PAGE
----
Steve Carell may be one of the most popular funnymen in Hollywood, but he still has a few gripes with the current tone of film and television comedy.
In an interview with the Hollywood Reporter, the 49-year-old alluded to cultural pessimism.
"It's not like I want to put sunshine and lollipops into the world," he says. "But I do believe there's been a turn toward an uber-cynical point of view, and it's borderline mean."
Carell used "The Daily Show," on which he appeared from 1999 to 2005, as an example.
"It's one thing poking fun at people who deserve it, but there was that flip side of shooting fish in a barrel. It's just cruel," he said of working on the series.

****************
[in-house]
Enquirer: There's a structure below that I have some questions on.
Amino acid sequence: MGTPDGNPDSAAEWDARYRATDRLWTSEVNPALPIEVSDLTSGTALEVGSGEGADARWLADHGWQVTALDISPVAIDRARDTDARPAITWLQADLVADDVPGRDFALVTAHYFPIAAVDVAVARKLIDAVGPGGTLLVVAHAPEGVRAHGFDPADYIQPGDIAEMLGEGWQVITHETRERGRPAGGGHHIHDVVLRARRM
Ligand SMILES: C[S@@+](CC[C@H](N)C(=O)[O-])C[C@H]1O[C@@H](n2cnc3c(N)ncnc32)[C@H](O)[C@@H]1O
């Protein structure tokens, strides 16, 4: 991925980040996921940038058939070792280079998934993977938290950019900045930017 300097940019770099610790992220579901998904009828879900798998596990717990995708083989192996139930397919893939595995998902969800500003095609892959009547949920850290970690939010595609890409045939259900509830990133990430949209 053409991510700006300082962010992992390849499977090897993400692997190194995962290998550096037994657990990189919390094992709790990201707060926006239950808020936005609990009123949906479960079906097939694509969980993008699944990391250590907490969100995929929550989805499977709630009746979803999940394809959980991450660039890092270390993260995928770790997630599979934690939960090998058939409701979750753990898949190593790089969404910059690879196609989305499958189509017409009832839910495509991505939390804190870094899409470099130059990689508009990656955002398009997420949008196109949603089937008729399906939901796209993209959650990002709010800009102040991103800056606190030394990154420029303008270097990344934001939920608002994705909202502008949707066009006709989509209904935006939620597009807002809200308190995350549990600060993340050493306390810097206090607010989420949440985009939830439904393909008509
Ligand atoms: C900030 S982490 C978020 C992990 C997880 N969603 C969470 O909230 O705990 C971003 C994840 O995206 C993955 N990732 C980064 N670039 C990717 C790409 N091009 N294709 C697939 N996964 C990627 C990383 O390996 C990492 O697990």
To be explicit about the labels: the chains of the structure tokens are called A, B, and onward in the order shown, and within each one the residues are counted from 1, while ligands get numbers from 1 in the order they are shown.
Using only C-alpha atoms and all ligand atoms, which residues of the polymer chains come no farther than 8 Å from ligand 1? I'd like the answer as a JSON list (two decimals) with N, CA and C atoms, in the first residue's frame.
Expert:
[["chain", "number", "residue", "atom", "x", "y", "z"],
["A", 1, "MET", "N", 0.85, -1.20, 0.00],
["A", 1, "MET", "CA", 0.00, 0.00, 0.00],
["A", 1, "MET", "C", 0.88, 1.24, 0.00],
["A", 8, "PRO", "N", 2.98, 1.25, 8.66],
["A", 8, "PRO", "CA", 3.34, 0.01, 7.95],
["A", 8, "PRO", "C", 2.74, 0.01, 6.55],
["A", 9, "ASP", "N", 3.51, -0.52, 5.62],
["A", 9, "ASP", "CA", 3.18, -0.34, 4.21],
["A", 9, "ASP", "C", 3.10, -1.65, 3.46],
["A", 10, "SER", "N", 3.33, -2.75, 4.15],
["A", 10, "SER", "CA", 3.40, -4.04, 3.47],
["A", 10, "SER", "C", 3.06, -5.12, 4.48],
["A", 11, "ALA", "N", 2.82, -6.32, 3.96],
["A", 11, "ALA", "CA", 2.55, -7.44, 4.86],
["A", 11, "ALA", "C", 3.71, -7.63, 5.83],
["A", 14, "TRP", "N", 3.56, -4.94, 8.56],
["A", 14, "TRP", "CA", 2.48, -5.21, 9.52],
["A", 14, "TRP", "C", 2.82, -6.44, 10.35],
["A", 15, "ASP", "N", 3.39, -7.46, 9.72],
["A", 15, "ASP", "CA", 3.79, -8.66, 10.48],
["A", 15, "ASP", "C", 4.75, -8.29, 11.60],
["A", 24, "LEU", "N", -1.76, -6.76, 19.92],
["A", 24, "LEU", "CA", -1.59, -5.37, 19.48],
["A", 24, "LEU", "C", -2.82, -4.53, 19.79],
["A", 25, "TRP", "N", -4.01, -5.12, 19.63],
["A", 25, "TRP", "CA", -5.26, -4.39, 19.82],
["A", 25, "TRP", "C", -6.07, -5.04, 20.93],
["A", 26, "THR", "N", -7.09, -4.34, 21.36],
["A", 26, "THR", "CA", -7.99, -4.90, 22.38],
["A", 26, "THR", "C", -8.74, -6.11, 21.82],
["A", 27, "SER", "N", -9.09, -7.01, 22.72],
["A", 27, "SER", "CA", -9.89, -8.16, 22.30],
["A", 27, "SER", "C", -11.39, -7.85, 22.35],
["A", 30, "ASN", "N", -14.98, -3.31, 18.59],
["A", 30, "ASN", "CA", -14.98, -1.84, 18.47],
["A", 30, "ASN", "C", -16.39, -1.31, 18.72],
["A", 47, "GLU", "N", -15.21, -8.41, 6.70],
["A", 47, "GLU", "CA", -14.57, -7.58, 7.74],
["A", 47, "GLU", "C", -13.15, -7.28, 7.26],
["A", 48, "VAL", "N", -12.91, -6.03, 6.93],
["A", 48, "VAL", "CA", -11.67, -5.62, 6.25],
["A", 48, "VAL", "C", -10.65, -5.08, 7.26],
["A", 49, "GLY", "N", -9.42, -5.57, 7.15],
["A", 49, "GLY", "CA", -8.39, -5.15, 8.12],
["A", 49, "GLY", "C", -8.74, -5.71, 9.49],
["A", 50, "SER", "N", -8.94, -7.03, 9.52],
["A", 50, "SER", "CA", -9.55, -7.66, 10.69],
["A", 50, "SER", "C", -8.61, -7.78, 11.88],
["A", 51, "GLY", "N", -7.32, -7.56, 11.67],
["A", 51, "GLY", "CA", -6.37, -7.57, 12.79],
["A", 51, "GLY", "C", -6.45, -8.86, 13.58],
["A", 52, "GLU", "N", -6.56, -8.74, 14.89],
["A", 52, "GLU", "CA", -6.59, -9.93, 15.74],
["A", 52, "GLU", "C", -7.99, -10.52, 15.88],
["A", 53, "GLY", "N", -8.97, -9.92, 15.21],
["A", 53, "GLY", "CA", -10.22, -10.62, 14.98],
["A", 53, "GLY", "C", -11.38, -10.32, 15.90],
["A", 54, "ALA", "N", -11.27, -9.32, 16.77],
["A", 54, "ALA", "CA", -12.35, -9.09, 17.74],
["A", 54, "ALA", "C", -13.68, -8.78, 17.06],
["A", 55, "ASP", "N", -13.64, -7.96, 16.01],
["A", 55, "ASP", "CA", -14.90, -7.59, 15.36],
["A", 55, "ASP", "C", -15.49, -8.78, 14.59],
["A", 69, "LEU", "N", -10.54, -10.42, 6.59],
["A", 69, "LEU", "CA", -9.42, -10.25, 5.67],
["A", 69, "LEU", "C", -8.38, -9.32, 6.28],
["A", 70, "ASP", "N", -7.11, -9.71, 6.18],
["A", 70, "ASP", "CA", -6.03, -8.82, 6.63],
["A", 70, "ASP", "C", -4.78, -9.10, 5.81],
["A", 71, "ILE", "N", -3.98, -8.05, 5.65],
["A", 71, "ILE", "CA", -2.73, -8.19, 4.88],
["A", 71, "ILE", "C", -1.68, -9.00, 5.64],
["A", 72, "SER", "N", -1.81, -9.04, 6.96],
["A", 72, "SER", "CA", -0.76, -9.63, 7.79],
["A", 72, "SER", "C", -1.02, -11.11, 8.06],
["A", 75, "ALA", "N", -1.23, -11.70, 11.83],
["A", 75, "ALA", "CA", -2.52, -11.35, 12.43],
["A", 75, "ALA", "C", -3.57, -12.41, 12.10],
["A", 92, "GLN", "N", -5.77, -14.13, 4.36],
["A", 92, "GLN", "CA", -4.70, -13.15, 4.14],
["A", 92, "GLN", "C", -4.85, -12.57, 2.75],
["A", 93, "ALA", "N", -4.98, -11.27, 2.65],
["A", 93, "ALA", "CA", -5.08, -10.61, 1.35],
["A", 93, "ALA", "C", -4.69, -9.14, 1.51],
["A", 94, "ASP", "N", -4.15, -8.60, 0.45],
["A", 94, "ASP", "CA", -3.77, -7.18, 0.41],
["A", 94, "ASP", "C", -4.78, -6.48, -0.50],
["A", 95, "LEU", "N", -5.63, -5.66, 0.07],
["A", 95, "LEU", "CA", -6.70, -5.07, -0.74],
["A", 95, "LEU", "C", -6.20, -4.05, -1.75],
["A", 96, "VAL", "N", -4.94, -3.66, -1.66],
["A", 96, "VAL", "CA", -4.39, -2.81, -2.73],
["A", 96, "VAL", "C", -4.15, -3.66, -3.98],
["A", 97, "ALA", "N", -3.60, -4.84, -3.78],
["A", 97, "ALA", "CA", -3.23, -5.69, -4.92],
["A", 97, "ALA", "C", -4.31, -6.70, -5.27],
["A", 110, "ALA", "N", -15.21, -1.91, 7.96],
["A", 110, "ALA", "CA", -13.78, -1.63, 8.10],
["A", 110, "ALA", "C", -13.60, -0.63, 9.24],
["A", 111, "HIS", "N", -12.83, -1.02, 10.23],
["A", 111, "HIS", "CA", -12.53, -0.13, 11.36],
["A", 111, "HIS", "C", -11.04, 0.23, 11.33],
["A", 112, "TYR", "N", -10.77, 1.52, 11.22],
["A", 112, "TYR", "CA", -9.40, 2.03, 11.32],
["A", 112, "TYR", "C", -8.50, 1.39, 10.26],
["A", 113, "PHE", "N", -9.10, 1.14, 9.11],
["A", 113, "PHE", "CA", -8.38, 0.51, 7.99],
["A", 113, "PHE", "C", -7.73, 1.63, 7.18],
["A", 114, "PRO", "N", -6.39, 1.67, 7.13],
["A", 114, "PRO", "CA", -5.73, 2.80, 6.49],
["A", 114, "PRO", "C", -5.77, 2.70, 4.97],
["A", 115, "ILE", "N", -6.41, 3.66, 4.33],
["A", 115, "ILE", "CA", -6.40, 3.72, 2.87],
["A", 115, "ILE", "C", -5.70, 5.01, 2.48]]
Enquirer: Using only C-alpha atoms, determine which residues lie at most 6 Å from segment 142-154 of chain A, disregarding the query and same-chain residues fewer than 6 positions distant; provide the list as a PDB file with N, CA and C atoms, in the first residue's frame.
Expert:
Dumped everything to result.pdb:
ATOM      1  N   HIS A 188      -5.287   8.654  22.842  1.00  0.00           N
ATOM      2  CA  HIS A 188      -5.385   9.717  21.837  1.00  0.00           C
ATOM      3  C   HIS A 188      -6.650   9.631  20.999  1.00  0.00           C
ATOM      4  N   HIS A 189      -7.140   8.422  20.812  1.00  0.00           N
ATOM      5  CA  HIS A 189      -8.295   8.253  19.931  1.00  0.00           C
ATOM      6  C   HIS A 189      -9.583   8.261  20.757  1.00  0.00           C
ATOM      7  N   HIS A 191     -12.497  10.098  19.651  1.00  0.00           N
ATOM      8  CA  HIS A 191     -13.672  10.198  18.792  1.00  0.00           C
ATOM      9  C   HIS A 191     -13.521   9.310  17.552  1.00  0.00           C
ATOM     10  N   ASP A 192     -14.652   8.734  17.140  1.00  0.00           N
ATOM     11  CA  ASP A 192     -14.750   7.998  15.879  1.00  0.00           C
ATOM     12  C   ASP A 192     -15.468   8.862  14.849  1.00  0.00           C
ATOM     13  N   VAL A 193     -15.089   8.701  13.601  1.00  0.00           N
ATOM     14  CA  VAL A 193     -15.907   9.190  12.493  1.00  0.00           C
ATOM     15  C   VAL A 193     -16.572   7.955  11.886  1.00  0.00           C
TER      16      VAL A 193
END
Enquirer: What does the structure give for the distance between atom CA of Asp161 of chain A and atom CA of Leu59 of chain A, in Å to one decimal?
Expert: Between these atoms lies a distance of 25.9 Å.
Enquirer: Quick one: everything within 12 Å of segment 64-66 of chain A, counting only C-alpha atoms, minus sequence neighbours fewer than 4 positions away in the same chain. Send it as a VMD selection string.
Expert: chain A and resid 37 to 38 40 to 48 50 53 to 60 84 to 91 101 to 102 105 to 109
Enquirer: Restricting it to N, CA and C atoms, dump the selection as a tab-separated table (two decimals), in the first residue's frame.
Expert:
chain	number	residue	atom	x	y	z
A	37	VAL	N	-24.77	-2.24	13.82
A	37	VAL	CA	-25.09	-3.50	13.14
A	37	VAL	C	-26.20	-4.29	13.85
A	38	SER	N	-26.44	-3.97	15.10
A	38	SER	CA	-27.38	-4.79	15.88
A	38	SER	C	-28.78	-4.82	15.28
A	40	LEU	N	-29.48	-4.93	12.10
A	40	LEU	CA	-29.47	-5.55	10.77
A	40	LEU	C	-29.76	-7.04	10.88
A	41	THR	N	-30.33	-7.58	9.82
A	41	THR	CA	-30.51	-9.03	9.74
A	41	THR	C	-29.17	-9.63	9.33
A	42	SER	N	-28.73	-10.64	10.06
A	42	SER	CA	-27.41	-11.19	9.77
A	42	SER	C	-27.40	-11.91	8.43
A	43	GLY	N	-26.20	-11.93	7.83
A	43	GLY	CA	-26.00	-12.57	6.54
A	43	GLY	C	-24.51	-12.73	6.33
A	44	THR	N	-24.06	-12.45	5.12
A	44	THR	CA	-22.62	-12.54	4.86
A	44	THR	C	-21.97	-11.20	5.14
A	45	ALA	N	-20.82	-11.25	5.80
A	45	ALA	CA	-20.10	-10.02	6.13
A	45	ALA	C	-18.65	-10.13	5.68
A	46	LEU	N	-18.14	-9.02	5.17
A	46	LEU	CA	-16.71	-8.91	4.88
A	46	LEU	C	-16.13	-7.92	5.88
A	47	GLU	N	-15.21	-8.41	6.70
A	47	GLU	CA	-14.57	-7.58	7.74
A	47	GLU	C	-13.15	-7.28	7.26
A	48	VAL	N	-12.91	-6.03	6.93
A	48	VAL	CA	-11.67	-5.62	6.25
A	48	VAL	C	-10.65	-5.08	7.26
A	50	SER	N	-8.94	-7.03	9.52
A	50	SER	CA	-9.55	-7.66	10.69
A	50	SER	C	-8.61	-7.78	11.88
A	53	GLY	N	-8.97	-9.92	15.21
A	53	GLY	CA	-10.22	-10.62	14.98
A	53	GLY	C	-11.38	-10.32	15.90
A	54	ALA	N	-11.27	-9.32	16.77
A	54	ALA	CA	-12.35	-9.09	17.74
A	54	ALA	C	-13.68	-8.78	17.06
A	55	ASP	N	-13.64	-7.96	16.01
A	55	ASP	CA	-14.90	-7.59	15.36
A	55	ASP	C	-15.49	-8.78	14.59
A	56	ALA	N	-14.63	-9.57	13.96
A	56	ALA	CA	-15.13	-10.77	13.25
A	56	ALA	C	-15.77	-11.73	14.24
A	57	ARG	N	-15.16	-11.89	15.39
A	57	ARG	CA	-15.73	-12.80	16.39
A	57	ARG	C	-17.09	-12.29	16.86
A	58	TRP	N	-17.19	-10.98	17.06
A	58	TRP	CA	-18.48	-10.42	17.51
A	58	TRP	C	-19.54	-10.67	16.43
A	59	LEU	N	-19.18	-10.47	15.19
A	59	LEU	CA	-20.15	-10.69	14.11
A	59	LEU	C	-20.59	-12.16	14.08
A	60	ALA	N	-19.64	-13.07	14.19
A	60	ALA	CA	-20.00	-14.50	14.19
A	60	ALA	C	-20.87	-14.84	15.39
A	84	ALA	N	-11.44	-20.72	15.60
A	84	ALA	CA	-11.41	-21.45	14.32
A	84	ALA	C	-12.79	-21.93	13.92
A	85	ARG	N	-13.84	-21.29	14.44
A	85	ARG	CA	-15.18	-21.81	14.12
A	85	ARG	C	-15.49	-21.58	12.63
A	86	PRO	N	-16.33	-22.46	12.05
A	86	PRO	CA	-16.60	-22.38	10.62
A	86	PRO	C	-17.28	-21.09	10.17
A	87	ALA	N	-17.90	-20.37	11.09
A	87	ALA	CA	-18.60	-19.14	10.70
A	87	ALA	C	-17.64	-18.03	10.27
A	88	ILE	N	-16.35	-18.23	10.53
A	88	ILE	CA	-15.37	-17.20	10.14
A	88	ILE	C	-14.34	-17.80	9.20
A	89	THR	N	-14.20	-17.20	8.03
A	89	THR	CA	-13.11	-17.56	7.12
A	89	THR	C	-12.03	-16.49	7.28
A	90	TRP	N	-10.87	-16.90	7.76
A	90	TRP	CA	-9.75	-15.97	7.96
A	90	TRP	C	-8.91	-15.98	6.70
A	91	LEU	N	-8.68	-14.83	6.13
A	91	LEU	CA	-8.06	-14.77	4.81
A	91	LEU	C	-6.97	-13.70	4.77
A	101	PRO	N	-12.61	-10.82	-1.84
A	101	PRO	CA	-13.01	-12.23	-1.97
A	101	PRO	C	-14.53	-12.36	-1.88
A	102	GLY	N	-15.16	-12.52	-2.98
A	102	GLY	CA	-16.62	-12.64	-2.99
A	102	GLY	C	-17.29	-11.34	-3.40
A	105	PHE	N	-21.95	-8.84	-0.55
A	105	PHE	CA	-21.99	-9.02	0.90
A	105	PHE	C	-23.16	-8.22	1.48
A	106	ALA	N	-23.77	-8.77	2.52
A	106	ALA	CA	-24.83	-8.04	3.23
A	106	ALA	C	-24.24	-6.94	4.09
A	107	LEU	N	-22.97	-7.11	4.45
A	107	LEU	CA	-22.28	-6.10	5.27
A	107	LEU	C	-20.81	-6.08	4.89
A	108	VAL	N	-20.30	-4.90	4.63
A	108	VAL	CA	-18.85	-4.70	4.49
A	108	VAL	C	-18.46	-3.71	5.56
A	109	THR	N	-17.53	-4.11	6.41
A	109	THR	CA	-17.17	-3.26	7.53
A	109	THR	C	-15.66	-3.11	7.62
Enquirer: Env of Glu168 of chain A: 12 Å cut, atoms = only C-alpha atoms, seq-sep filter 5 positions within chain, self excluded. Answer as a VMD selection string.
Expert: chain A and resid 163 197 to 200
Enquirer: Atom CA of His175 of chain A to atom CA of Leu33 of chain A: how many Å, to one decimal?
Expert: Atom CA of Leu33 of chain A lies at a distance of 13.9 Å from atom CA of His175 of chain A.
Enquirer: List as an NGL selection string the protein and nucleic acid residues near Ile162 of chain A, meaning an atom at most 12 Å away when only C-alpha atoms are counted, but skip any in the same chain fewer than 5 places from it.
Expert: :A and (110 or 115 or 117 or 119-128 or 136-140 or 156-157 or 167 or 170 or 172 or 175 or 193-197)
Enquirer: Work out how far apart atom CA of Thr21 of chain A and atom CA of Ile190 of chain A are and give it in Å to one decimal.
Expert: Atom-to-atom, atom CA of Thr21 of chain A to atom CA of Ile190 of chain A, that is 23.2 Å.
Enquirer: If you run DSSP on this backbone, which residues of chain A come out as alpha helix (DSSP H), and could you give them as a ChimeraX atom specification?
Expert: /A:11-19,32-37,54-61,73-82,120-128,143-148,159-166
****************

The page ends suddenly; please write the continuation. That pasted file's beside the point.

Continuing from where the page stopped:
The actor's comments incited the story's writer, Stephen Galloway, to ask about the recent controversy surrounding Daniel Tosh, who made a rape joke during a stand-up routine at the Laugh Factory in July.
"Taste in comedy, like fashion, changes all the time," said Carell on the matter.
Though the actor earned six Emmy nominations for his hilarious turn as Michael Scott on "The Office," he doesn't consider himself funny.
"I don't think of myself as a comedian," he says. "I'm not a joke-teller. I didn't do stand-up. I never even thought I was that funny."
Fans of Carell's laugh-inducing roles in "Anchorman," "The 40-Year-Old Virgin" and "Crazy, Stupid, Love" are likely to disagree.
The actor is currently promoting his latest on-screen effort, "Hope Springs." The film stars Meryl Streep and Tommy Lee Jones as a married couple who have lost their spark. They decide to enroll in intensive couples therapy led by a popular marriage counselor (Carell). The film hits theaters on Aug. 10.